Retiring to Spain

Advantages, daily expenses, taxes and best places

Sun, sea, sand and sangria - Spain looks like an ideal place to retire! But is it as good as it looks? And if, let's say, you're into opera and fine dining rather than sunbathing, should you give the country a look before deciding on a cultural hotspot like Paris or Berlin?

Certainly Spain tops the lists in a number of surveys. For instance, Blacktower Financial Managers gave it top spot as the best place in Europe to retire, rating factors such as weather, cost of living, property prices, safety, and proportion of pensioners in the population. Business Insider puts Spain tenth worldwide - but its US focus gives it a list biased to South and Central America.

Several factors make Spain a great place to spend your retirement.

  • Sunshine. The weather is good, particularly in the southern part of the country, where most people decide to retire. (Obviously, northern provinces like Galicia, Navarra and the Asturias have rather chillier winters.)
  • Cheap living costs coupled with a relaxed lifestyle. Good local wine, sherry, and excellent tapas are part of Spain's appeal.
  • In tourist areas you'll find fantastic leisure facilities - golf courses, beaches, pools, and water sports. But Spain also has some magnificent hiking.
  • Spain is a fascinating country full of ancient cathedrals, palaces, Roman ruins, picturesque villages and towns. Madrid's Prado and San Sebastian's Guggenheim hold two of Europe's most famed collections of art.
  • You won't be alone. Spain has a big expat community - for instance over 330,000 Brits live there all year, and of course there are many more retirees who spend part of the year in Spain but don't count as residents. In most tourist areas you'll find English is spoken in most shops and restaurants.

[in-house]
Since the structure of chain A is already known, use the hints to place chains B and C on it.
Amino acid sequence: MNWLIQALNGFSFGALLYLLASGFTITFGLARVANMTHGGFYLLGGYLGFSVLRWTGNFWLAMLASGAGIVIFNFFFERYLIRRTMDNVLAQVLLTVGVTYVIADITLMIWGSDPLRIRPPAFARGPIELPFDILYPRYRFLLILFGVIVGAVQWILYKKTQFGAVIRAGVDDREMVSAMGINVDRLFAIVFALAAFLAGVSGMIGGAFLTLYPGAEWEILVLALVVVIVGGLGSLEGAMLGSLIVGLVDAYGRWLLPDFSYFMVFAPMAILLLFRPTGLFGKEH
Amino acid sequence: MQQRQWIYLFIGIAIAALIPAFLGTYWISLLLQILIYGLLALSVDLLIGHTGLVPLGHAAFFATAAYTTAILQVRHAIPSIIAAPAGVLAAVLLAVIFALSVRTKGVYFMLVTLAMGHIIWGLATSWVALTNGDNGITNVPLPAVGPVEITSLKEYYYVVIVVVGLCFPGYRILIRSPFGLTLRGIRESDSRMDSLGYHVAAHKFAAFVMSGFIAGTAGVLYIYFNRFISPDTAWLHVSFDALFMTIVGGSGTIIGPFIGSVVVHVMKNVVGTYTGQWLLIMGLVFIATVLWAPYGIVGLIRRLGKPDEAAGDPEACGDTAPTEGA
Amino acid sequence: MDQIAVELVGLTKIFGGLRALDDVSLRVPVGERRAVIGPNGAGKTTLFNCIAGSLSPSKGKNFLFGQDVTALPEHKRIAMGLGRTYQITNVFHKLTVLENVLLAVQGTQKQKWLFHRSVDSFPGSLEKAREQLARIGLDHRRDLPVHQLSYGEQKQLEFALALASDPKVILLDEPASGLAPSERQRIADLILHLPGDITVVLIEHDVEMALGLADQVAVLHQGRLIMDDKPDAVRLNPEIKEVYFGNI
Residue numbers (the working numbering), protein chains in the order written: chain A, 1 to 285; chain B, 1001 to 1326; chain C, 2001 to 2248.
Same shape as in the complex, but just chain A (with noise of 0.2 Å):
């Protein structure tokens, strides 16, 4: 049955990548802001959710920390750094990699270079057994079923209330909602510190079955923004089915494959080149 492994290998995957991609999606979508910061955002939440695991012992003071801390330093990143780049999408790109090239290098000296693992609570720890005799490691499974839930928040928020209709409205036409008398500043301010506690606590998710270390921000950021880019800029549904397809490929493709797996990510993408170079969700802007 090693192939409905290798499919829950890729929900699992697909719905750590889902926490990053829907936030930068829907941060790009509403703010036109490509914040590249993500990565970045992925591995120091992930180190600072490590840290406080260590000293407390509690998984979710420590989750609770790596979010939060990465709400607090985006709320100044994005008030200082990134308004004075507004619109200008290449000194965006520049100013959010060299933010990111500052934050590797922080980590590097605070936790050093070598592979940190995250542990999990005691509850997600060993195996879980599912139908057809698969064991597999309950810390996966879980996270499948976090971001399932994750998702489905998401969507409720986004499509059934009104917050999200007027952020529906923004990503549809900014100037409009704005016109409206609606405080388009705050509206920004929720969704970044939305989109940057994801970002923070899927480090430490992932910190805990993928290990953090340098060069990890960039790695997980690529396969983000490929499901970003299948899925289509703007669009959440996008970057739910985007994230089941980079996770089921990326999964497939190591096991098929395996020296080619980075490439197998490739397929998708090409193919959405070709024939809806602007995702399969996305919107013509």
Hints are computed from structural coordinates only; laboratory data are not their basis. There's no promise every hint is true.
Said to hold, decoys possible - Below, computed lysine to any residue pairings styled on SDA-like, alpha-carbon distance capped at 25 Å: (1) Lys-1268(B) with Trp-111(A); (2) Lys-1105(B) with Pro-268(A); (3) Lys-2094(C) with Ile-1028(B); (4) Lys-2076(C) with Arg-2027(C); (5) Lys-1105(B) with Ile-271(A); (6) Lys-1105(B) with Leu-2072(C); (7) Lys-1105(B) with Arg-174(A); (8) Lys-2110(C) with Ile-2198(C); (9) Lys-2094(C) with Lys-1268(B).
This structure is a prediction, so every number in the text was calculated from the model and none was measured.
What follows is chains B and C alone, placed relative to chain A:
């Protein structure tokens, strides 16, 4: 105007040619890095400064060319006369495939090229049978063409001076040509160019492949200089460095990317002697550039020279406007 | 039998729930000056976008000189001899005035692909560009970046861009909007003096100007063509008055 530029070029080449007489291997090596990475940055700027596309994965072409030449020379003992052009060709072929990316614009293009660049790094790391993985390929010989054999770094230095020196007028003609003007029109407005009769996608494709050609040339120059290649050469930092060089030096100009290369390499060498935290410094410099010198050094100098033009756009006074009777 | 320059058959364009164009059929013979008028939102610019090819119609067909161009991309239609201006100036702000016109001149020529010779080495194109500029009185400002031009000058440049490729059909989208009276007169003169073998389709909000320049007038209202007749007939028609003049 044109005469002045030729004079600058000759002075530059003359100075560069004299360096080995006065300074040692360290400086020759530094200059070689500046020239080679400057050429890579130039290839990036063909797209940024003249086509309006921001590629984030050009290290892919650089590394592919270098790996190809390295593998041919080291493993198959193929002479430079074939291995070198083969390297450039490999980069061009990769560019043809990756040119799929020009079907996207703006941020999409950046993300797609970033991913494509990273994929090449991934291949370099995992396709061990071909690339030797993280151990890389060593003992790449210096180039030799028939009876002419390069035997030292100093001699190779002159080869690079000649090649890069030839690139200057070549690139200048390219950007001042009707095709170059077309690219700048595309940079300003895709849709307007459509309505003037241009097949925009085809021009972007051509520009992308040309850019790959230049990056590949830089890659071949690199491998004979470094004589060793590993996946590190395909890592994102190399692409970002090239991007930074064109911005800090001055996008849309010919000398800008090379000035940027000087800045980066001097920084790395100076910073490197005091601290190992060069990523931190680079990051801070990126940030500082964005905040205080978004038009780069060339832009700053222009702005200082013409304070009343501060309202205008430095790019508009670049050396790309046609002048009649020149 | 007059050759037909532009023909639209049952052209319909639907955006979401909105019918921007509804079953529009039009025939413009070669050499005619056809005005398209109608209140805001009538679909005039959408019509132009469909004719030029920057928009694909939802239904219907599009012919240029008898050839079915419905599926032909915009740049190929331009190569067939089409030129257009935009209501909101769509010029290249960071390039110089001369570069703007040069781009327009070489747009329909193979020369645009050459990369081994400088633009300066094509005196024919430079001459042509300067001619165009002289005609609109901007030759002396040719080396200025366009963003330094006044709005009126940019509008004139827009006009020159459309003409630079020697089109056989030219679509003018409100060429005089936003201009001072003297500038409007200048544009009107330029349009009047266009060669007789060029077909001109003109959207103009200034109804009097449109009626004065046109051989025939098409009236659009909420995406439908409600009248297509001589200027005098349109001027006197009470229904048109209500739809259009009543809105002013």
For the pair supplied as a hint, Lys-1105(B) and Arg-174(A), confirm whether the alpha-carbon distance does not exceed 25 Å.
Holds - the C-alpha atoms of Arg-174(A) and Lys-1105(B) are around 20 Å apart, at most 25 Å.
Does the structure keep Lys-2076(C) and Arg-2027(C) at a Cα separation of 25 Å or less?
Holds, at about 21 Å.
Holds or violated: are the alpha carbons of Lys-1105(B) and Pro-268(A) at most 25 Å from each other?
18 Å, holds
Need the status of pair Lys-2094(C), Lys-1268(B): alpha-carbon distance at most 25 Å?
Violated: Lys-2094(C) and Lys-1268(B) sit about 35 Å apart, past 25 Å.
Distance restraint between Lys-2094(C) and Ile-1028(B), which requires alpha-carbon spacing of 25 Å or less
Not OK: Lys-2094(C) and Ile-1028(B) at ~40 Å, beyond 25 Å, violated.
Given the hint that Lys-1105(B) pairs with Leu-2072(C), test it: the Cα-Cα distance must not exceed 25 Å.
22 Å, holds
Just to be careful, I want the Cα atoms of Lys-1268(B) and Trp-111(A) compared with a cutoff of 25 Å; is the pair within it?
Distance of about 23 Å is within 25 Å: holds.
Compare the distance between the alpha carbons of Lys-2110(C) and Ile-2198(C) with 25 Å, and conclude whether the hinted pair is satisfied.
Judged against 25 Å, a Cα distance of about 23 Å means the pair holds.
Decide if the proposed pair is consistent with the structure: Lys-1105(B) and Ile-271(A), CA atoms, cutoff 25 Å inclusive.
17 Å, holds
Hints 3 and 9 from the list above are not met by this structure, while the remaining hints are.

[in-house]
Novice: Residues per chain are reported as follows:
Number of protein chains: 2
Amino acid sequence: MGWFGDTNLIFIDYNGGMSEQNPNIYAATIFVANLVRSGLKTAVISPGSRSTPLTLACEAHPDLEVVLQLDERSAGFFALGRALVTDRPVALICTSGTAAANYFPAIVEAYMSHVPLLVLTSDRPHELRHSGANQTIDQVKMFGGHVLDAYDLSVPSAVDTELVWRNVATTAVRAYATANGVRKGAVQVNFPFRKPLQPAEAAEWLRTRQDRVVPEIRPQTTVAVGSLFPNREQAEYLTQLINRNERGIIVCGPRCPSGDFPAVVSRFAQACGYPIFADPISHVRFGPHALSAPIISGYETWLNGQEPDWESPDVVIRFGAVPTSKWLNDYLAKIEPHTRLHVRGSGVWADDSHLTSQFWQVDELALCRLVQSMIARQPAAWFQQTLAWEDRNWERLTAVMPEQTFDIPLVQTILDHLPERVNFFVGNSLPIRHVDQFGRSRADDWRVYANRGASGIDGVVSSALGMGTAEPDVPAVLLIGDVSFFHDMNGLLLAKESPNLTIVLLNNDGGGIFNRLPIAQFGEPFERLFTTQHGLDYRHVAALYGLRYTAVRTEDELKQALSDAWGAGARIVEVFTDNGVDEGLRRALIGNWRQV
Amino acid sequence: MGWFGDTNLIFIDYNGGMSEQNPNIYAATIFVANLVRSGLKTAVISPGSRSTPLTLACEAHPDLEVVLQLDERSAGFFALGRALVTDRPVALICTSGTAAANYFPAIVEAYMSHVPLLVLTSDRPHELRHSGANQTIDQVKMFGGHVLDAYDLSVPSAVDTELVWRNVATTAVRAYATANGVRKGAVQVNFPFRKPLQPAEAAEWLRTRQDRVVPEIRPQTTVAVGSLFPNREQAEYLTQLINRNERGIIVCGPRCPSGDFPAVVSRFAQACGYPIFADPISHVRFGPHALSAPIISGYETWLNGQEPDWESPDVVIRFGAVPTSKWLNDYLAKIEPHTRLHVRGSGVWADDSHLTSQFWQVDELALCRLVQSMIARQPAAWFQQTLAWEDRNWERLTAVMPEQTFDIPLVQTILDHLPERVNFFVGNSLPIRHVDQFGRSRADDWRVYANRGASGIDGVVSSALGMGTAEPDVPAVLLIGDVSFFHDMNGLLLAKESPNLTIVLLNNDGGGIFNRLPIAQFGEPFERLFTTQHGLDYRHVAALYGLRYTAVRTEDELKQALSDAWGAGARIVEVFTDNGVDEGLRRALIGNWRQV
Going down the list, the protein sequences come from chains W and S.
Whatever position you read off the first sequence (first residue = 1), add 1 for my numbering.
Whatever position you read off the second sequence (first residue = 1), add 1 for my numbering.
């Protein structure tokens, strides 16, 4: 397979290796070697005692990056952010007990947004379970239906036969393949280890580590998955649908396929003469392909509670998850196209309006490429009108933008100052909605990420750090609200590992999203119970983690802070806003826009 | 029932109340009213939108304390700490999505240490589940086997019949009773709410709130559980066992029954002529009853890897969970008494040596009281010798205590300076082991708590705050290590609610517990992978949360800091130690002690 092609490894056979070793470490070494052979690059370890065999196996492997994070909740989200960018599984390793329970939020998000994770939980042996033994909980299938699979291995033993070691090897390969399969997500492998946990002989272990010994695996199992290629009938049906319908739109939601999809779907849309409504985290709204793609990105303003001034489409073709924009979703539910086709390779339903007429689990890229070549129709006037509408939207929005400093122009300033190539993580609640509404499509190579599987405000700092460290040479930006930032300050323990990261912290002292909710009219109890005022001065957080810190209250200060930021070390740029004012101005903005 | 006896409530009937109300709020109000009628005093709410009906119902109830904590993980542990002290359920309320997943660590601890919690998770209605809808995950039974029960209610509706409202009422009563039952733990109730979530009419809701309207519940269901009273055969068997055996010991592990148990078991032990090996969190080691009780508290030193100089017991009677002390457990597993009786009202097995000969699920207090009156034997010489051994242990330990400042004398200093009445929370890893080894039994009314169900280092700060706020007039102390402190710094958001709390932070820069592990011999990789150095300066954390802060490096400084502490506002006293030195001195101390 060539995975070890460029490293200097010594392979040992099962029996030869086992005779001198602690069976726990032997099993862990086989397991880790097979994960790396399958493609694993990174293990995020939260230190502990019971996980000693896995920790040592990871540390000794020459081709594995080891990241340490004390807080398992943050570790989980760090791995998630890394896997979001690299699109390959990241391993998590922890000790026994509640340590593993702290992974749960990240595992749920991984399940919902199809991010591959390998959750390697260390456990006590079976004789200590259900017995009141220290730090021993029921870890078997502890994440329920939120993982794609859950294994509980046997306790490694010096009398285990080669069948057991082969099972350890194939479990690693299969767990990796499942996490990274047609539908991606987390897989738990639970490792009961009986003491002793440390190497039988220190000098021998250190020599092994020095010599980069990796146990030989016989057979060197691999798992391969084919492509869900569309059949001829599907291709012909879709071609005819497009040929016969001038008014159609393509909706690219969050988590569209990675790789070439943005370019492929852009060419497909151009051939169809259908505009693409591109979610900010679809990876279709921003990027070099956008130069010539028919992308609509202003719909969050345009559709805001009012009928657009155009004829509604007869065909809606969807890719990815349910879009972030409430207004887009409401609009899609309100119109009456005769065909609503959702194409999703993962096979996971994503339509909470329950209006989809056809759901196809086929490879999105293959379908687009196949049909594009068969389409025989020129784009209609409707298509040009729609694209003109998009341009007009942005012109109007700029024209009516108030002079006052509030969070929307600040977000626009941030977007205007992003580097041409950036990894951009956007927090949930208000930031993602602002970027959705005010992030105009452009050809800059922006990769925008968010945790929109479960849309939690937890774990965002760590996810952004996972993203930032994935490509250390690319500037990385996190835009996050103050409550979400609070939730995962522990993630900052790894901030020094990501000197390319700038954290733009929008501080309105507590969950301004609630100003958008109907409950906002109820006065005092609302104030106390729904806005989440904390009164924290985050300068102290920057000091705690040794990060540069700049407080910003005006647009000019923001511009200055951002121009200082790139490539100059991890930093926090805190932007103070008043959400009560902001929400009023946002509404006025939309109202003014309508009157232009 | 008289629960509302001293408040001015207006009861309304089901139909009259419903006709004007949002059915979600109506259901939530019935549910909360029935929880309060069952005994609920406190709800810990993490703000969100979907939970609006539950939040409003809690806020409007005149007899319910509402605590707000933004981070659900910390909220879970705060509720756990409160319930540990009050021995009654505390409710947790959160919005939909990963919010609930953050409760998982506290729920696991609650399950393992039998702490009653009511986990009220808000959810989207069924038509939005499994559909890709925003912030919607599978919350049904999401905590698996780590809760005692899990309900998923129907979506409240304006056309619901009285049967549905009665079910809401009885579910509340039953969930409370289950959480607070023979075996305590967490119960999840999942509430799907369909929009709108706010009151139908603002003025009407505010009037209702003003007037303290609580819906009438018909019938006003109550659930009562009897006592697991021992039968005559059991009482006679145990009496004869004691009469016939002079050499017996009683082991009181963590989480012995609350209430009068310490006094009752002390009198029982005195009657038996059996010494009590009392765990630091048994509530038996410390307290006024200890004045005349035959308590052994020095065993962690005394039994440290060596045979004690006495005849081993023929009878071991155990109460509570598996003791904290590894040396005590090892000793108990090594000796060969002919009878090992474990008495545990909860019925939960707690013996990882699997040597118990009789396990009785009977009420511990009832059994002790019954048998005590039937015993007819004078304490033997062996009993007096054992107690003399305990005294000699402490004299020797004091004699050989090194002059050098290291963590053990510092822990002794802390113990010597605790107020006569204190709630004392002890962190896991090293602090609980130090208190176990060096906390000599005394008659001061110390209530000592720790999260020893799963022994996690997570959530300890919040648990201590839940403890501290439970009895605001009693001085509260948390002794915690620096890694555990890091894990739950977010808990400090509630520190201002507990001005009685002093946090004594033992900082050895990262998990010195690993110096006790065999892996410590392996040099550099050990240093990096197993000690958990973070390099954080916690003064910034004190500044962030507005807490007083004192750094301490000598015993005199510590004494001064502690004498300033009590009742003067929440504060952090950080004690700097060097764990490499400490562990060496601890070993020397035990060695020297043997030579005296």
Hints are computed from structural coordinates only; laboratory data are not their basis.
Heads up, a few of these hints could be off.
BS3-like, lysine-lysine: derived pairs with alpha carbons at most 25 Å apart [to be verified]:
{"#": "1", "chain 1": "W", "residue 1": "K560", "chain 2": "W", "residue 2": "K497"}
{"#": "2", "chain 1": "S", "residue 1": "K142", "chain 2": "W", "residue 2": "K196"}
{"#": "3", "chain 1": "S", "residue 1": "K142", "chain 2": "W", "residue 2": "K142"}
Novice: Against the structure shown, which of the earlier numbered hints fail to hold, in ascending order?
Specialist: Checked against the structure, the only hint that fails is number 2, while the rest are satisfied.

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Cost of living in Spain

Spain is one of the cheaper countries in Europe to live. Numbeo puts it 18th among European nations - 26% cheaper than France and 16% cheaper than the UK, though a little pricier than neighbour Portugal. While it's not as inexpensive as destinations like Bulgaria, Georgia, or Albania, it represents an optimum mix of good public infrastructure, including a great health service, with low cost.

So, how much is required to live well and retire in Spain?

The first good news is that property is still cheap (unless you want to settle in Madrid or Barcelona). You could buy an apartment in a resort from as little as €50,000 or a villa for €100-150,000. If you're willing to put a bit of effort into renovation, country properties requiring some hard work are still to be found for very low prices (though make sure the planning office will let you restore it the way you want before you buy). Even in sought-after Mallorca you can get a two-bedroom apartment for €150,000 or so.

If you're selling up your existing home to buy a property in Spain, you may be able to move up a notch - from one bed apartment in London to three bedroom villa with pool, for instance - or you could bank the difference and use it to fund a more expansive lifestyle.

American retirement organisation AARP estimates that €25,000 a year would deliver a comfortable lifestyle in most areas of Spain. If you're frugal, or simply don't spend a lot on entertainment and dining out, you could live on quite a bit less. (For Barcelona and Madrid, though, you'd need quite a bit more - they're expensive places to live, inviting comparisons with costs in London, Paris, or Berlin rather than most other Spanish cities.)